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vector56's avatar

By vector56, February 12, 2012 at 5:23 pm Link to this comment

Without informed “citizens who step up and take responsibility for their government Whistle-blowers are just whistling in the dark!

Like Sacco and Vanzetti, Bradly Manning and the other 6 Whistle Blowers Obama has doomed the Left will just watch at a safe distance as Gazelles watch lions devour their comrade.

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By berniem, February 11, 2012 at 4:10 pm Link to this comment

Is there something new here? Our own government, namely “elected” officials, the political flacks and appointees around them, as well as the military, all so nicely bought and owned by the corporate fascist economic system, are the true terrorists confronting our freedoms and way of life and the security state is solely for the protection of the ruling establishment. The Bill of Rights and the Constitution no longer are worth the parchment they’re written on because there is no system of enforcing their provisions as designed to protect us from our own despots and tyrants. Voting means nothing and those who run for office must pass muster with the corrupt establishment to even get on the ballot. If elected they quickly join the game or are jettisoned at the pleasure of one or another power group which is not comprised of the voters but the monied interests that truly run things. Elections are meaningless with results predetermined by those who work at Diebold. FREE BRADLEY MANNING!!!!!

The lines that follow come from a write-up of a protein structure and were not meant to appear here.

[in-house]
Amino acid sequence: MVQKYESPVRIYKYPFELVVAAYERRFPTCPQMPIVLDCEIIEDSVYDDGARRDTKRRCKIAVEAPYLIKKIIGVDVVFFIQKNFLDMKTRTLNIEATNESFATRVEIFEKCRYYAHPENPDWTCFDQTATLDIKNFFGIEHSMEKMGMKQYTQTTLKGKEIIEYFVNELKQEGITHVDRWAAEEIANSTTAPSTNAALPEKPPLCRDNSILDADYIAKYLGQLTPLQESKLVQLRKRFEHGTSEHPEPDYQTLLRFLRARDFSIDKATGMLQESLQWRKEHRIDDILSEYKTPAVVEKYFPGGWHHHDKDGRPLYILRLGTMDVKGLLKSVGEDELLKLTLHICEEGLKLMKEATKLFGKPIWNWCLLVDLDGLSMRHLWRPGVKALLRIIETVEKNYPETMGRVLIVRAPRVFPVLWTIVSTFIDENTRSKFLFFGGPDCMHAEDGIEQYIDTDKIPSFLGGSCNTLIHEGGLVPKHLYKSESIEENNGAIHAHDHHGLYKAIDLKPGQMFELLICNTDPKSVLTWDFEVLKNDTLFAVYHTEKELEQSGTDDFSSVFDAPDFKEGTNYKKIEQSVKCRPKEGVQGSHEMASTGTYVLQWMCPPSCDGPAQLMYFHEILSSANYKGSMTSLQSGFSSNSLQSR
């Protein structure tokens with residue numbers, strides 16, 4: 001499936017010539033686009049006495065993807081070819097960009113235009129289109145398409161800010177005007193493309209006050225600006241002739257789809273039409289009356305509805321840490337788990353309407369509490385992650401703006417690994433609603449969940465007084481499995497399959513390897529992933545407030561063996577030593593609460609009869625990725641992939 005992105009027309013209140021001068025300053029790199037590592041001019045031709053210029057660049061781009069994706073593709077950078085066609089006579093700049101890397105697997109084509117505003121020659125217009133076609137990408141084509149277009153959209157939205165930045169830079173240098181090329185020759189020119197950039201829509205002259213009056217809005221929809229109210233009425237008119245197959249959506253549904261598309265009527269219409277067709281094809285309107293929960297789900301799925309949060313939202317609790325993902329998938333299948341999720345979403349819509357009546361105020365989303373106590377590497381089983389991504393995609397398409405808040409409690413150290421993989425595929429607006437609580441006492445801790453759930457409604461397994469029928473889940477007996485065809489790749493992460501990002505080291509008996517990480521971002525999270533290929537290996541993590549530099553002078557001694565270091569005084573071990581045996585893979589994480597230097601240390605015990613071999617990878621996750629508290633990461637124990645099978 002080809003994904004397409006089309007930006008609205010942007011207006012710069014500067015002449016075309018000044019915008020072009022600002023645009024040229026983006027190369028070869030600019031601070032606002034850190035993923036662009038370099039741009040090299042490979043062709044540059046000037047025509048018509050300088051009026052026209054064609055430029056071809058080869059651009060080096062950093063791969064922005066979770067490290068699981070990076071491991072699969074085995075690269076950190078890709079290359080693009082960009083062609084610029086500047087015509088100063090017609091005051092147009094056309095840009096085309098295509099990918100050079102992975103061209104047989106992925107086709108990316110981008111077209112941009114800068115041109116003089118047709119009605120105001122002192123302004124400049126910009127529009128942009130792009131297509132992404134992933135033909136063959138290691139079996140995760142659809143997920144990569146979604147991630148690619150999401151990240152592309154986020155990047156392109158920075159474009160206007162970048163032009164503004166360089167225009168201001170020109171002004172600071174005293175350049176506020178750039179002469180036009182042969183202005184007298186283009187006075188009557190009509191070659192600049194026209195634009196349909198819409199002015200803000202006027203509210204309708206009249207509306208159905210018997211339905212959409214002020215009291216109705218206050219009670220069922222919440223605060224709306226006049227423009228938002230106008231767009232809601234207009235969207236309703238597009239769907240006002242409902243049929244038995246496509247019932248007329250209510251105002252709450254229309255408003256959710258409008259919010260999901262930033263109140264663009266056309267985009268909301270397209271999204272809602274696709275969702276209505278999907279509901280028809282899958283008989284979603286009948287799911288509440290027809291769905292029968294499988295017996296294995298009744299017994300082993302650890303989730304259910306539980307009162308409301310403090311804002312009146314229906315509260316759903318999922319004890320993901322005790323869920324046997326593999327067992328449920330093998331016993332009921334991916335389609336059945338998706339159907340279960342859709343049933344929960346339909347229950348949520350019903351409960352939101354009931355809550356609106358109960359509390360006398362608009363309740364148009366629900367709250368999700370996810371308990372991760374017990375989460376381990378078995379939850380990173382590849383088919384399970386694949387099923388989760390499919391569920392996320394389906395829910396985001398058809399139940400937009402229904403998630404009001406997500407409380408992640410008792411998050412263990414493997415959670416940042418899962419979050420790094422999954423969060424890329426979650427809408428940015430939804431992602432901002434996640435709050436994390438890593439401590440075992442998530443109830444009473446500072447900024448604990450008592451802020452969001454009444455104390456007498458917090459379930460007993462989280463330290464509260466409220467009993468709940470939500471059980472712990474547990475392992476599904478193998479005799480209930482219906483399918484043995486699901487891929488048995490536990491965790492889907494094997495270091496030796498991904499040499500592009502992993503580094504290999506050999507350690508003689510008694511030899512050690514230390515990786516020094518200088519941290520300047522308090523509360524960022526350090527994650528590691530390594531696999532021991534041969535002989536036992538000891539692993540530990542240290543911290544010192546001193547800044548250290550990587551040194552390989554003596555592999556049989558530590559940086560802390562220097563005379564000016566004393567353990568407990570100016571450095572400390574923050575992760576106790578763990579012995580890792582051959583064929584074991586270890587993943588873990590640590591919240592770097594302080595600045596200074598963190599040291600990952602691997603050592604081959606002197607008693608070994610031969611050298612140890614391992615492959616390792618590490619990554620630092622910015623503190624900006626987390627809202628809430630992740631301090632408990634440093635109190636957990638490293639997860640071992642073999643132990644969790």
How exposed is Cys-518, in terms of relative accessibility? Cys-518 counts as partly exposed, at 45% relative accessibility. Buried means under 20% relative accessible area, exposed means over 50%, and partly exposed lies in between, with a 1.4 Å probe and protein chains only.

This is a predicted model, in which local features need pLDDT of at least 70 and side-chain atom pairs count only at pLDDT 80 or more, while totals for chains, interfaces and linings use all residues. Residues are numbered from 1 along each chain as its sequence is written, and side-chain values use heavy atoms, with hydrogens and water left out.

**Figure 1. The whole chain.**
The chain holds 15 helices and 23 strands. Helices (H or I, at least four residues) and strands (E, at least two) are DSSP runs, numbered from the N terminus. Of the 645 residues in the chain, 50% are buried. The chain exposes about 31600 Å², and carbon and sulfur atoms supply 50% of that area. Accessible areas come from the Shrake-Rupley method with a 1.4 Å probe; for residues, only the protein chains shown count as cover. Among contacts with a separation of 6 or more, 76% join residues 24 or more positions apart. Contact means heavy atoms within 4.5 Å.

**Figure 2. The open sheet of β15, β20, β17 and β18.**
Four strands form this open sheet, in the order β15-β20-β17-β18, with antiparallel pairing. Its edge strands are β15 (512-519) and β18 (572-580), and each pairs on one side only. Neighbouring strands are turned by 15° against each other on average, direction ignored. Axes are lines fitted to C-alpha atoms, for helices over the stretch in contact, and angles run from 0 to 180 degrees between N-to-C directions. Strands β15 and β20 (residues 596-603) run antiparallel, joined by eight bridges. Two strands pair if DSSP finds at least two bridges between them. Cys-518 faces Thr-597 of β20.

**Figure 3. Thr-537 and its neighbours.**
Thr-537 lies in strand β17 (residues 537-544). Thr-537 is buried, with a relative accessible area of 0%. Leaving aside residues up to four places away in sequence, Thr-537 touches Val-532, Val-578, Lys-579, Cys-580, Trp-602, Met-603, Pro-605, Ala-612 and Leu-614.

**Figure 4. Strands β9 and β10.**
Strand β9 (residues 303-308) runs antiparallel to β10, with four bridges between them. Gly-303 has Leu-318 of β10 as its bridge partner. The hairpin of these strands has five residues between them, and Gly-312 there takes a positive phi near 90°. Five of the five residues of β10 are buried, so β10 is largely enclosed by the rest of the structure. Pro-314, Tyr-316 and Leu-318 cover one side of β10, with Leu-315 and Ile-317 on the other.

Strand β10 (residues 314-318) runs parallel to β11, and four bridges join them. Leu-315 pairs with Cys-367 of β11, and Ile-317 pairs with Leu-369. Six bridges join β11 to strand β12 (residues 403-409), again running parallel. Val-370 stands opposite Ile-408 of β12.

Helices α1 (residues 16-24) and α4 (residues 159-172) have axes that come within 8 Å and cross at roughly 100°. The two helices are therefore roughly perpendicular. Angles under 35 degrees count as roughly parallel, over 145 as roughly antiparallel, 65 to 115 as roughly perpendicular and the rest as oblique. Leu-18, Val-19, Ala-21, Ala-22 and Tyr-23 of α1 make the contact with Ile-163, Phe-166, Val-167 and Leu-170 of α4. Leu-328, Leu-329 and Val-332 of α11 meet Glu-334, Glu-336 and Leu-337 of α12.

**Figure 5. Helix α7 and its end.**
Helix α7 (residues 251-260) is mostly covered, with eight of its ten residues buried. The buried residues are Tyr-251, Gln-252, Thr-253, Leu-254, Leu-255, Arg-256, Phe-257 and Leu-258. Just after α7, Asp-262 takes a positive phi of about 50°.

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By gerard, February 11, 2012 at 3:10 pm Link to this comment

Quote-Unquqote:  “[Disclaimer: The views expressed here are solely those of the author in his private capacity and do not in any way represent the views of the Department of State, the Department of Defense, or any other entity of the U.S. government. The Department of State most certainly does not approve, endorse, or authorize this article.]”
  Tags like this one definitely, though they are aimed at pacification (I suppose), nevertheless sew seeds of distrust far and wide. They threaten by casting shadows of possible illegitimacy and/or unreliability whereas, as a matter of fact, this article contains accounts of personal experiences and opinions related to retaliation without proven evidence of illegal behavior.
  What is at stake here of course is that citizens are guaranteed the right of free speech by the Constitution whereas governments are not guaranteed the right of secrecy by the Constitution except in the most stringently regulated matters of State
  Ironically, although the State is also quaranteed the right of free speech, it refuses to use it by withholding information from the public, yet uses its right to withhold information to punish those who use their right to speak freely.
  What, therefore, would prevent the State from becoming completely impervious by declaring all of its processes as “secret” and preventing citizens from knowing anything at all?
  Obviously, democracy presumes and demands a just balance between freedom and license, and that balance serves us, the nation, better if it errs on the side of openness because secrecy offers shelter from discovery of error and encouragement to covering up crimes.
  Correct me if I’m wrong here.

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By Jay Lindberg, February 11, 2012 at 10:28 am Link to this comment
(Unregistered commenter)


You should try exposing corruption in the War on
Drugs some time.  I called it in the trenches and
this is what it looked like from my book,  “DRUG WAR
ECONOMICS”  If anyone is interested in a copy of the
book, send me an email. I’ll send you a copy as a PDF

Thought For the Day

If you are old enough to be lied to, you are old
enough to know the truth. (2000)

In the trenches is just what it says. These are the
battles being fought in the streets to make this
country a safer place for us all.

When you go after corruption in society and
government, you are hunting illegitimate power.
Citizenship doesn’t get much more dangerous than
this. Dr. Rosema, Geoffrey Hill and Judge Mclaughlin
were terminated with prejudice in San Bernardino
County last year.


A year ago, Dr. Rosema was killed in front of his